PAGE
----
Recent headlines related to Sears Holdings typically center around store closures or the company’s latest financial maneuvering, which typically include cash infusions from CEO Eddie Lampert’s ESL hedge fund. Over the weekend, the company made a different sort of news.
The retail group is testing two new store formats that combine its banners in the hopes of boosting store productivity. The first features a mini Kmart inside a Sears store in Brooklyn, New York. The idea reportedly came from shoppers who were requesting everyday items at the store.
“The store focuses solely on grab-and-go items for the city shopper, including groceries and household products such as toilet paper, toothpaste, laundry detergent, cosmetics, healthcare items and more,” spokesperson Larry Costello told USA Today.
Next, the retailer is reportedly going to try adding Sears appliances to Kmart stores.
If the concepts take off, it could be a way for the struggling retailer—which has been rapidly shedding stores—to downsize its fleet further while also bolstering productivity.
The move follows the general trend that’s had retailers attempting to do more in less space.
Target, for one, has embraced smaller stores. The big-box retailer plans to open more than 100 in urban areas and college towns with the expectation of double the productivity when compared to its average-sized locations.
Kohl’s has reported success by shrinking its stores within its existing footprints with minimal impact to sales. In places where the downsizing has been most drastic—from 87,000 square feet to 35,000—the department store has become a landlord, welcoming in the Aldi department store chain. The retailer has even turned over some of its floor space to Amazon shop-in-shops in the hopes of drawing more foot traffic.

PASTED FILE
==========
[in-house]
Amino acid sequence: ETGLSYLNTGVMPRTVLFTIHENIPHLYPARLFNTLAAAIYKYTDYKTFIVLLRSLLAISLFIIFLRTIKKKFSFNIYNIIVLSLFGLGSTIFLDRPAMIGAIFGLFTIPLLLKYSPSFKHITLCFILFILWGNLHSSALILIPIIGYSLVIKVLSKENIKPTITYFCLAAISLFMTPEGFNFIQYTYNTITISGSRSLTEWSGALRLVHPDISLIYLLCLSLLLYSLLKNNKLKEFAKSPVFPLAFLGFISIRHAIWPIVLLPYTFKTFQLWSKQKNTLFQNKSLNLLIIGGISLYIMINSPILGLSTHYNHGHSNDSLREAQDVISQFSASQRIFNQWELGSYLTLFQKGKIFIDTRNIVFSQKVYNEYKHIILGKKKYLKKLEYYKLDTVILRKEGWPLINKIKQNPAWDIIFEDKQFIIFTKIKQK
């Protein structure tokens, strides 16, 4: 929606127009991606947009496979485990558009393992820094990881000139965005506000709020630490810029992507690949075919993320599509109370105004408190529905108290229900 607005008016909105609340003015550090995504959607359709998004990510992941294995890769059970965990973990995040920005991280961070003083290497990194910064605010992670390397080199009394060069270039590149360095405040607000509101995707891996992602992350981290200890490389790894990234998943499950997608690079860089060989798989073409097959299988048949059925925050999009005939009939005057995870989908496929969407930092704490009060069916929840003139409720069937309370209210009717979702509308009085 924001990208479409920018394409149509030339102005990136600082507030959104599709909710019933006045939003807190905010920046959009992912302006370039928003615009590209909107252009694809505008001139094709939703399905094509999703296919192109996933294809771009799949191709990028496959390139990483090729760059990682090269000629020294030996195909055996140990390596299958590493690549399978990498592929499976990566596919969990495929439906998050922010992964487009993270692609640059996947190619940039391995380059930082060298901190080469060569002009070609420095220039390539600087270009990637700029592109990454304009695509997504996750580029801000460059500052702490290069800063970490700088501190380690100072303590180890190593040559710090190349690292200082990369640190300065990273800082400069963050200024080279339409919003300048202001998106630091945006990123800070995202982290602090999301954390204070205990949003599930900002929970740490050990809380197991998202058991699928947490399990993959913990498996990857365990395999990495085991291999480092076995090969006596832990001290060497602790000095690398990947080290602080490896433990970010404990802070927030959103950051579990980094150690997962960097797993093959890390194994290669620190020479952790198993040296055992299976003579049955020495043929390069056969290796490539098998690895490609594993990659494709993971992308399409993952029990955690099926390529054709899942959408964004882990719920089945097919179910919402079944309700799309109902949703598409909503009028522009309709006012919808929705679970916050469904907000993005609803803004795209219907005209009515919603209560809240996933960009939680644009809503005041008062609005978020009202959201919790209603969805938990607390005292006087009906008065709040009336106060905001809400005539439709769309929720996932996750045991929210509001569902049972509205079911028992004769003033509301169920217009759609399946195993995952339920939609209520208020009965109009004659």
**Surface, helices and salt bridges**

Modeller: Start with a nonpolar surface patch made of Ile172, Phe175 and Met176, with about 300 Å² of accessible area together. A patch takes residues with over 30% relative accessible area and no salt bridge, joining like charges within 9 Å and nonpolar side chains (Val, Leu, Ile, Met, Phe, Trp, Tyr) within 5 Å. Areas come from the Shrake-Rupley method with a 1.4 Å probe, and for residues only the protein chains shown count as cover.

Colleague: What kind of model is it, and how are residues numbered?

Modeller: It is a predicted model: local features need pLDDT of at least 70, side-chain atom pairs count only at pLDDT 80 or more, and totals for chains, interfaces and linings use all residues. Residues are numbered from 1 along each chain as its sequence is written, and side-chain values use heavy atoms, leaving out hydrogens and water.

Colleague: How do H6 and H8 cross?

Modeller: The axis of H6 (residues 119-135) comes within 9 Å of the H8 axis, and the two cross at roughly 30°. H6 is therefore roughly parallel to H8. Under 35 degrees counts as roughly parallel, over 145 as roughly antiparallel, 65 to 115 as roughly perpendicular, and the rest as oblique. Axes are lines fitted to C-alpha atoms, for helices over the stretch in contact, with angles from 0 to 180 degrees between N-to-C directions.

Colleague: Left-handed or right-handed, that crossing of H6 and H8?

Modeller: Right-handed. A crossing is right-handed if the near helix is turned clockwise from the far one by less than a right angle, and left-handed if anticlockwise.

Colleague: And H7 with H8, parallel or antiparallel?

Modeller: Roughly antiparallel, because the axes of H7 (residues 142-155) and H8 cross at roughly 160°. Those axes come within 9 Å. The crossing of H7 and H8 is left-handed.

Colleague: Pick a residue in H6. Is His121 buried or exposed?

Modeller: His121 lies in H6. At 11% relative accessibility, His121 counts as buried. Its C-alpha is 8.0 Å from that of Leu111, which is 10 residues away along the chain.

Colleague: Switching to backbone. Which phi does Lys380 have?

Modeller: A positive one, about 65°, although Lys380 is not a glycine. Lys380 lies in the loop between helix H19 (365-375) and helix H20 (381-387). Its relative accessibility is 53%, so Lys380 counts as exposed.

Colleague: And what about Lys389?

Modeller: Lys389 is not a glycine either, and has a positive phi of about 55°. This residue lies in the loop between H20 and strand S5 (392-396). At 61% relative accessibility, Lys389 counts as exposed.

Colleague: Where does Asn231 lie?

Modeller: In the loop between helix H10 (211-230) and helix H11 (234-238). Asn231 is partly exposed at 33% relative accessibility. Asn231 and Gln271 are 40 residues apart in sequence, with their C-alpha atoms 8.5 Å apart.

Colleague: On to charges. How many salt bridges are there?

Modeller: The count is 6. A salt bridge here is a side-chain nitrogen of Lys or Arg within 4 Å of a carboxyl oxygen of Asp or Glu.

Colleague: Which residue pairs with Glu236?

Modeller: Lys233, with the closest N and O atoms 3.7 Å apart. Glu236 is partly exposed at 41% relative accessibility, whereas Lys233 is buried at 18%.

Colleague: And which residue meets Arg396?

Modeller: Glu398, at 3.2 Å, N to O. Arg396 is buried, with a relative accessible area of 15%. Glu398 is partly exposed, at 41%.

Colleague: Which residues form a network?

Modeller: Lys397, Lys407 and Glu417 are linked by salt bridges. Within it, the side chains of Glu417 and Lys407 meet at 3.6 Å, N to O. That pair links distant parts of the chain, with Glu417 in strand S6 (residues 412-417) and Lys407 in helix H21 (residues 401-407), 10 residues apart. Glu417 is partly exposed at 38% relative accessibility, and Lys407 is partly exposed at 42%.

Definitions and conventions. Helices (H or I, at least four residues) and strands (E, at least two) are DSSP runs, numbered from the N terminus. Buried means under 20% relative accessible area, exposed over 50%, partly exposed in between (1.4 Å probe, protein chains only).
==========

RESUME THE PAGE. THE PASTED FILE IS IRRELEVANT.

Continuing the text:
The combined Kmart/Sears locations follow the company’s attempt over the last couple of years to tinker with its typical format. The company launched its first Sears Appliance and Mattress store in Pharr, Texas in June 2017 after the success of the Sears Appliances concept, which bowed in Ft. Collins, Colorado in 2016. At the time, Sears remarked on the “overwhelmingly positive” response the appliance store received.
Meanwhile, J.C. Penney has been rapidly ramping up its home refresh and appliance offerings. The retailer’s goal has been to scoop up shoppers who would have once turned to Sears before the chain began its major contraction.
Former JCP CEO Marvin Ellison was quoted by Fortune as saying, “We’re going after Sears and we’re going after market share that we think is going to be available not only now but as they continue to contract.”